HSBC is learning just how tough it is to please both China and the West.
The London-based bank is facing harsh criticism from Western government officials and investors after its top executive in Asia publicly declared the firm's support for a controversial national security law that Beijing is introducing in Hong Kong.
In a blistering statement on Tuesday, US Secretary of State Mike Pompeo chastised HSBC for backing the legislation, saying "corporate kowtows" would not earn the bank respect in Beijing. Critics fear the law erodes the autonomy that Hong Kong was promised when the former British colony was returned to China more than 20 years ago.
Pompeo is the latest politician to pile on HSBC after the company posted a photo on Chinese social media last week showing Asia Pacific CEO Peter Wong signing a petition supporting the law. Tom Tugendhat, chairman of the UK Parliamentary Foreign Affairs Committee, is among the British lawmakers who have questioned HSBC's decision.
The bank's investors are starting to weigh in, too. David Cumming, chief investment officer for equities at Aviva Investors, which is a shareholder of HSBC, said in a statement Wednesday that "we are uneasy" at the decisions of HSBC and fellow UK-based lender Standard Chartered to support the law without knowing how it will work in practice.
"If companies make political statements, they must accept the corporate responsibilities that follow," Cumming said.
Even before the photo of Wong was published, HSBC faced a difficult situation. Former Hong Kong leader Leung Chun-Ying had earlier singled out the bank for its silence on the law, demanding that HSBC express its support.
And now that the bank has taken a stance, it still doesn't appear to be winning over Beijing. China's state-run tabloid Global Times on Tuesday accused the bank of harboring "a lingering ambiguous attitude toward Hong Kong's national security law," and pointed to a longstanding accusation in China that HSBC helped the United States build a case against Huawei's chief financial officer, Meng Wanzhou.
Meng is under house arrest in Canada awaiting a decision on whether she will be extradited to the United States to face charges of bank fraud and evasion of economic sanctions against Iran. US authorities claim the Chinese tech firm misrepresented itself to HSBC as part of that scheme — an allegation Huawei denies. HSBC told Reuters last year that it gave information to authorities "pursuant to formal demand."
HSBC "may now face a worsening dilemma, where it's far from safe from reprisals," the Global Times reported, citing "some observers."
Even Pompeo has noted that HSBC still faces a chilly reception in China.
"That show of fealty seems to have earned HSBC little respect in Beijing, which continues to use the bank's business in China as political leverage," he said in his statement, calling the Chinese Communist Party's "browbeating" of HSBC a "cautionary tale."
A spokesperson for China's Foreign Ministry on Wednesday said that everyone has "the right to make independent decisions based on merit."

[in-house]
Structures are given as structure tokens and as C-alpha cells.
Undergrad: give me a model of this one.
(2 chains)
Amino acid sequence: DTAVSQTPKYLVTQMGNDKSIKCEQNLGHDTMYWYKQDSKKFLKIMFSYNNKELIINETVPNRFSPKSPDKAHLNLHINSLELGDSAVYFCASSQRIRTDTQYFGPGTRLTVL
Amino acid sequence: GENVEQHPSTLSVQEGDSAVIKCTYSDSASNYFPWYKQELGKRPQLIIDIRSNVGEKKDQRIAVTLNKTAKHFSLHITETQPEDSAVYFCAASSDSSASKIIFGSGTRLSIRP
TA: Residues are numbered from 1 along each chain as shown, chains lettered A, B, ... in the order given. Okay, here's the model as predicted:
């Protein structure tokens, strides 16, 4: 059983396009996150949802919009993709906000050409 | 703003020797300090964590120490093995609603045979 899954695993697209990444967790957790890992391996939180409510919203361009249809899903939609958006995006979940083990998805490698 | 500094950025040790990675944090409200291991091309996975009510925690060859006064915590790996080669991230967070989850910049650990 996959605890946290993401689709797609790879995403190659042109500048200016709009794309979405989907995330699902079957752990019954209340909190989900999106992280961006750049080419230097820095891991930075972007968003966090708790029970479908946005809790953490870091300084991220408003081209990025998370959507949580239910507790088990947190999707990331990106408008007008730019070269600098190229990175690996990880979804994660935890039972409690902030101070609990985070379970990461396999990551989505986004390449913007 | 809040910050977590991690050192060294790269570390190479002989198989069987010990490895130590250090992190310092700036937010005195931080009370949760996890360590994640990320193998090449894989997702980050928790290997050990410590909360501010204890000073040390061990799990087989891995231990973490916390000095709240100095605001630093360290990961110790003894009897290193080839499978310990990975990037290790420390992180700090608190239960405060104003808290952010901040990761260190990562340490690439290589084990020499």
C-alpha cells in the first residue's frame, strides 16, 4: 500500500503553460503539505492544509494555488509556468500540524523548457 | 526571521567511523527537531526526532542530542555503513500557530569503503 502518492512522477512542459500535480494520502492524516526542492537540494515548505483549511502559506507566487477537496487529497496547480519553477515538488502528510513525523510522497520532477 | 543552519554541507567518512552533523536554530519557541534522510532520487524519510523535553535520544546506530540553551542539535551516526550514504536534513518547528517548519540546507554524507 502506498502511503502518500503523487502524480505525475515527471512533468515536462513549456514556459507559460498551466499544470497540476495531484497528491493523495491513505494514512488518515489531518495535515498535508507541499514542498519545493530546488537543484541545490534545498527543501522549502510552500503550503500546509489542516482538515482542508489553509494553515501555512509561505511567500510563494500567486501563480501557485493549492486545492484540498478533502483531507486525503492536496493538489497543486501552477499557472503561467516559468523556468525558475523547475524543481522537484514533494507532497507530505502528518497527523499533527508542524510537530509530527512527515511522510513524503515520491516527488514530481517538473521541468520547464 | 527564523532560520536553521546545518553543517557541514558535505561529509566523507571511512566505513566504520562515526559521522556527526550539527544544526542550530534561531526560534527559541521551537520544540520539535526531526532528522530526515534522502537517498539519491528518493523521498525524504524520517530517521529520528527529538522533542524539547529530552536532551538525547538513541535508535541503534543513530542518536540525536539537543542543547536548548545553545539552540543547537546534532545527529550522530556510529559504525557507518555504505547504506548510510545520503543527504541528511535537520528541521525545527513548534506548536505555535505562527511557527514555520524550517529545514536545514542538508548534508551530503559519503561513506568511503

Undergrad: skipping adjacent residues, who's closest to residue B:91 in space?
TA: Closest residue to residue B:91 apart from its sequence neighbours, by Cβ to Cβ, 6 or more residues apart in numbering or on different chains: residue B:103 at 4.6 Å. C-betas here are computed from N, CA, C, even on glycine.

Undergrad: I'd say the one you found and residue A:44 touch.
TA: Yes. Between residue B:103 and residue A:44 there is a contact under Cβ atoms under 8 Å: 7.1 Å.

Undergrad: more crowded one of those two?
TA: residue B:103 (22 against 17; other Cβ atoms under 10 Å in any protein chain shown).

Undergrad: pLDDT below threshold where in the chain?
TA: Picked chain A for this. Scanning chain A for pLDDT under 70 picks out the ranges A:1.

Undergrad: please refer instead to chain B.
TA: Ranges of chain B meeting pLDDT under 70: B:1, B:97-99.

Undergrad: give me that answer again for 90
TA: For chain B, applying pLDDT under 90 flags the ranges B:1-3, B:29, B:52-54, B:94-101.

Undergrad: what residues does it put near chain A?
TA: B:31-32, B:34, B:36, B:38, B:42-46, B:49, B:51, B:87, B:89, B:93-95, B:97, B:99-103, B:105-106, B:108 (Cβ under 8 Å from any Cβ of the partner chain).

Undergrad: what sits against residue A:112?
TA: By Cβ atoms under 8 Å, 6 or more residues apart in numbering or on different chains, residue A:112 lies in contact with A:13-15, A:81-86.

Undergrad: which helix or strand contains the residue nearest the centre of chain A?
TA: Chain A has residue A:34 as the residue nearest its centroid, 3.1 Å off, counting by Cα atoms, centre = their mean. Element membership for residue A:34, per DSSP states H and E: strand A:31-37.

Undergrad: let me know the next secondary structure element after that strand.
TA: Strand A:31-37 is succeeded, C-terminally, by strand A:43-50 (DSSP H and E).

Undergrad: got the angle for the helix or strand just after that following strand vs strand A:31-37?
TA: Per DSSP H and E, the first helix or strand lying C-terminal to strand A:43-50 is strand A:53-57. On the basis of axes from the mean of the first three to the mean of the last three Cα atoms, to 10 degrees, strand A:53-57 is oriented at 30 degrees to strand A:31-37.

"For some in the US, perhaps the world only lies in two categories — either they are with the US and should attack China, or they have been coerced by China," said Hua Chunying in response to a question about the Pompeo statement. "These views are narrow-minded and ridiculous."
The attacks are a major headache for HSBC, which began life more than 150 years ago as the Hongkong and Shanghai Banking Corporation with the aim of financing trade between Asia and Europe. The bank still has a major business presence in the region: Last year, its Hong Kong and China divisions pulled in enough money to wipe out losses in the United Kingdom and keep the company profitable.
HSBC declined to comment. The bank's Hong Kong-listed stock closed down 1.5% Wednesday.
As a British business, the bank faces the risk of becoming collateral damage between the United Kingdom and China, said Willy Lam, an adjunct professor for the Center of China Studies at the Chinese University of Hong Kong.
He noted that Huawei, for example, is trying to persuade the UK government that it can be trusted to help build the country's 5G network. If Huawei's advances are rejected by British regulators, China could retaliate by punishing HSBC, Lam said. The bank has also long been rumored to be on a list of "unreliable" foreign companies that China could blacklist.
"It's not surprising that the Chinese should have settled on HSBC as ... a target," Lam said.
Washington, meanwhile, "is trying to build a coalition" of allies against Beijing, according to Lam. He said that Pompeo's decision to call out HSBC specifically reflects "exacerbated" tensions between the United States and China.
In some ways, Lam said, HSBC's predicament now resembles the political firestorm that engulfed Hong Kong flagship airline Cathay Pacific. Some of its staff members participated in widespread anti-government protests in the city last year, angering Beijing. And while the airline took steps to capitulate to Chinese authorities, two of its top executives eventually resigned.
— Eoin McSweeney, Isaac Yee and Jennifer Hansler contributed to this report.